It is the latter that is increasingly being tested in our terminal external exams in the UK as we move to the new specification GCSE and A Level tests, so we need to be preparing our students to be successful in this type of question. I think that the dialogic approach mentioned here is an extremely powerful tool in this quest. It allows us to help students explore their thinking and create their own links. I heard a colleague recently explain to a student that maths was about “finding shortcuts, and finding tricks” this worried me a little at first but then he continued “we all have hundreds of tricks and shortcuts that we have developed over years of doing maths. If Mr Cavadino and I were to teach you our tricks they wouldn’t make sense to you and it would overwhelm you.” I can understand this point – if a student notices that d = s x t can be rearranged simply in a triangle because they understand how to rearrange that equation then they will save themselves time. If they learn the technique without understanding what is taking place they open themselves up to the possibility of more errors.

In the article the authors use the term heterodiscoursia, which means legitimate simultaneous diverse discourse. The suggestion is that as part of the dialogic teaching teachers should be allowing discussions and methods to abound and thrive in the classroom. They suggest that this mix of discourses allows students to bounce ideas, allows the teacher to correct any misconceptions and helps build meaning making and engagement. Their suggestions are certainly in line with my observations from my own lessons that have allowed these types of discussion to develop and I think that it would be beneficial to explore how this can be allowed to grow with my other classes.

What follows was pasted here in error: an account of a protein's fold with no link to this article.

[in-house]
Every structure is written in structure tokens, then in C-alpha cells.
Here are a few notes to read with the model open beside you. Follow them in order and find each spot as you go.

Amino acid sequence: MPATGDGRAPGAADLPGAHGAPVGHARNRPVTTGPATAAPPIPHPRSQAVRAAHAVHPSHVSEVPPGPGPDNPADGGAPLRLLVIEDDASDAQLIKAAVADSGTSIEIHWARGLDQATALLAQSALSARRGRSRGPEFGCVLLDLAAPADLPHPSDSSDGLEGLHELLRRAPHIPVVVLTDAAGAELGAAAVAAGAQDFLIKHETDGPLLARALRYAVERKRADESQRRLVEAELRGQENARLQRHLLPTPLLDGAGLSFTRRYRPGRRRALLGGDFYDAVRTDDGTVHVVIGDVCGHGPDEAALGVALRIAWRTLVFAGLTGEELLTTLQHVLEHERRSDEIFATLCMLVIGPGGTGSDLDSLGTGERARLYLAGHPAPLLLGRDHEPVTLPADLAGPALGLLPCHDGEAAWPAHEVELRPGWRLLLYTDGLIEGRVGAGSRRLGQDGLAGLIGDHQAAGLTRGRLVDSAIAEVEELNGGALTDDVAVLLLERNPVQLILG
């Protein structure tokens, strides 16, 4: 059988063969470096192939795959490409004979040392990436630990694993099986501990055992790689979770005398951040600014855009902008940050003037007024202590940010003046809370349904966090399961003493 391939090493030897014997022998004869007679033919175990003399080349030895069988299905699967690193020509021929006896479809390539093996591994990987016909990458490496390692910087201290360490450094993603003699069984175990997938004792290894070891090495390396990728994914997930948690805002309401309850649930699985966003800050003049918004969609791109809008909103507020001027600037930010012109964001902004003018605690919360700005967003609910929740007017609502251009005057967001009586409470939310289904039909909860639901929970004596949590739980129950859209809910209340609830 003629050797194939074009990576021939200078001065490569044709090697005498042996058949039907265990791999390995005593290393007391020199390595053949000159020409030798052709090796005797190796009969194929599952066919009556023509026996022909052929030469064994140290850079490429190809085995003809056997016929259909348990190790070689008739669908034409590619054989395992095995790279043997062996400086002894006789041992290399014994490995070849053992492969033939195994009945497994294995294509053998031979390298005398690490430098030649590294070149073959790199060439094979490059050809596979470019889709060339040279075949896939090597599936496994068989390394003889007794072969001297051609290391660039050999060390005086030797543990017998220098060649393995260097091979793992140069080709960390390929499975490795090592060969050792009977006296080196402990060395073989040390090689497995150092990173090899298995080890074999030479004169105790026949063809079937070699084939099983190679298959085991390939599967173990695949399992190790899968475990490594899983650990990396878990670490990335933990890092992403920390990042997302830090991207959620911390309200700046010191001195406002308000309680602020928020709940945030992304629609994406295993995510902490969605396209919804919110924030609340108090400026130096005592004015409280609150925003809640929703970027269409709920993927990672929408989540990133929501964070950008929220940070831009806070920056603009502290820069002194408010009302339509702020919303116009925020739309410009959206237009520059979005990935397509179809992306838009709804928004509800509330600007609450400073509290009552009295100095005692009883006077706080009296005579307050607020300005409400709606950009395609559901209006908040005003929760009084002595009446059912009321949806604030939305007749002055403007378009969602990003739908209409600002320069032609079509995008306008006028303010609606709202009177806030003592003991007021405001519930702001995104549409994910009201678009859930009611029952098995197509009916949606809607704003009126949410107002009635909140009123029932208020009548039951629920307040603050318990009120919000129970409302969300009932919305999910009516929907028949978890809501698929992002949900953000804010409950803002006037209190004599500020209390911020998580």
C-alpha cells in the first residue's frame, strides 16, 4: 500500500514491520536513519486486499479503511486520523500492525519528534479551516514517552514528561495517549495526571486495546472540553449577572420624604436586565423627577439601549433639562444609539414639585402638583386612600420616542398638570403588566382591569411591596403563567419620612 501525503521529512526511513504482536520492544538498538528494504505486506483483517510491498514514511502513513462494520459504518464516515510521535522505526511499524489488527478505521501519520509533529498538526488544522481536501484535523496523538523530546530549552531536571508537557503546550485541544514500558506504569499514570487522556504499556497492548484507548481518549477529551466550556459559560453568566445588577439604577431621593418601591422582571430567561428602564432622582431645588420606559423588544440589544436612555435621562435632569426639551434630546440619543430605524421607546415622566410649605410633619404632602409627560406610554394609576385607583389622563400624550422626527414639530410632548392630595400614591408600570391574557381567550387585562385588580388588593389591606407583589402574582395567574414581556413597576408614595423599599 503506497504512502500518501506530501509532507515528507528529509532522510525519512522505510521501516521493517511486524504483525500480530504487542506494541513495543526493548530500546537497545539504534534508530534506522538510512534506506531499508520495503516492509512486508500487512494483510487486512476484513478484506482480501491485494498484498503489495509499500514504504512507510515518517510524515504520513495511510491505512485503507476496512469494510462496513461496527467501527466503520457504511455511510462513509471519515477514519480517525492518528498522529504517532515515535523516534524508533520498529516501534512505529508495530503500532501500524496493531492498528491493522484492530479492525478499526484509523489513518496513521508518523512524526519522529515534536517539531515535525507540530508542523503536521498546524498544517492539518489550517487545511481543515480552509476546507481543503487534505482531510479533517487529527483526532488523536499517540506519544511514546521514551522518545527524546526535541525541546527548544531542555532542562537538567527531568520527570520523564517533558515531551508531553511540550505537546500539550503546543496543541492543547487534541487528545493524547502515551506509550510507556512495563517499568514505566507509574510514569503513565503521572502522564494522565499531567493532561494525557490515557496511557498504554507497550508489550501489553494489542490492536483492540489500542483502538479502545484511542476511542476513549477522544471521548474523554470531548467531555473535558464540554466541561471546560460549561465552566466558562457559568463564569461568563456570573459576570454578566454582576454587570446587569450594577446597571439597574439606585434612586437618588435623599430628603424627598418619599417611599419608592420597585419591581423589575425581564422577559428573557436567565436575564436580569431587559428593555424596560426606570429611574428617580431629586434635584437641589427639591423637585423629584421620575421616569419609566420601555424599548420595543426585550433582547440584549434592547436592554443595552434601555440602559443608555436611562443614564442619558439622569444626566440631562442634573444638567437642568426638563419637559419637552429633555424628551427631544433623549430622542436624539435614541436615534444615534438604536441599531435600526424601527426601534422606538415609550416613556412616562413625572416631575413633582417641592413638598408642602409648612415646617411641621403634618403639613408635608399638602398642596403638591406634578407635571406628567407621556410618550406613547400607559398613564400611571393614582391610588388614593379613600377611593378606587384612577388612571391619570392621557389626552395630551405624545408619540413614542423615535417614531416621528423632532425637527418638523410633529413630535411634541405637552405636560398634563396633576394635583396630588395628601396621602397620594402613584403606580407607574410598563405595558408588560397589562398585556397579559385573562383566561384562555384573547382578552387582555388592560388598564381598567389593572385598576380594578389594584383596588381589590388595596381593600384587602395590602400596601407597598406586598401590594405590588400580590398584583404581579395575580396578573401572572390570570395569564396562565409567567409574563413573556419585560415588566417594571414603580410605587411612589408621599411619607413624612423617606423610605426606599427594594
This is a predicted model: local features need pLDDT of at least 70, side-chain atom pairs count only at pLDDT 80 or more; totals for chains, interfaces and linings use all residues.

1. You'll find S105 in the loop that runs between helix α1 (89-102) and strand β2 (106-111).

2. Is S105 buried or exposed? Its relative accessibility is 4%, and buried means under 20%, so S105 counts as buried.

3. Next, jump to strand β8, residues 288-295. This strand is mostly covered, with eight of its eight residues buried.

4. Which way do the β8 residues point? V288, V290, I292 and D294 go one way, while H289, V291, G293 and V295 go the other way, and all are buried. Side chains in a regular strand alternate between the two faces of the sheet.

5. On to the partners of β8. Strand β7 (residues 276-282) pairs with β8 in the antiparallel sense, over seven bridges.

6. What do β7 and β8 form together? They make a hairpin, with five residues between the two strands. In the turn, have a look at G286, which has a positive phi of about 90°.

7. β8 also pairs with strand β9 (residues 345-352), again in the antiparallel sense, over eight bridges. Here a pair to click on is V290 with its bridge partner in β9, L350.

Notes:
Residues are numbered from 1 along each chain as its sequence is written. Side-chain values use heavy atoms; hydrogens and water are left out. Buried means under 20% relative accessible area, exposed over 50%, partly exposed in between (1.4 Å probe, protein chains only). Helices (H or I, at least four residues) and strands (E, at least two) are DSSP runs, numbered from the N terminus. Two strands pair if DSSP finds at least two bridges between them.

The authors have some practical suggestions for us maths teachers. They suggest that we need to be familiar with the fact that there are often different solutions and be able to develop them. We need to allow the students to frame the question into a context that works for them then use that context to find a solution which is salient, and we need to be able to question our preconceived notion of the solution. This sounds like sound thinking, I feel that these are things we should all do while we are trying to build the problem solving capacity of our students.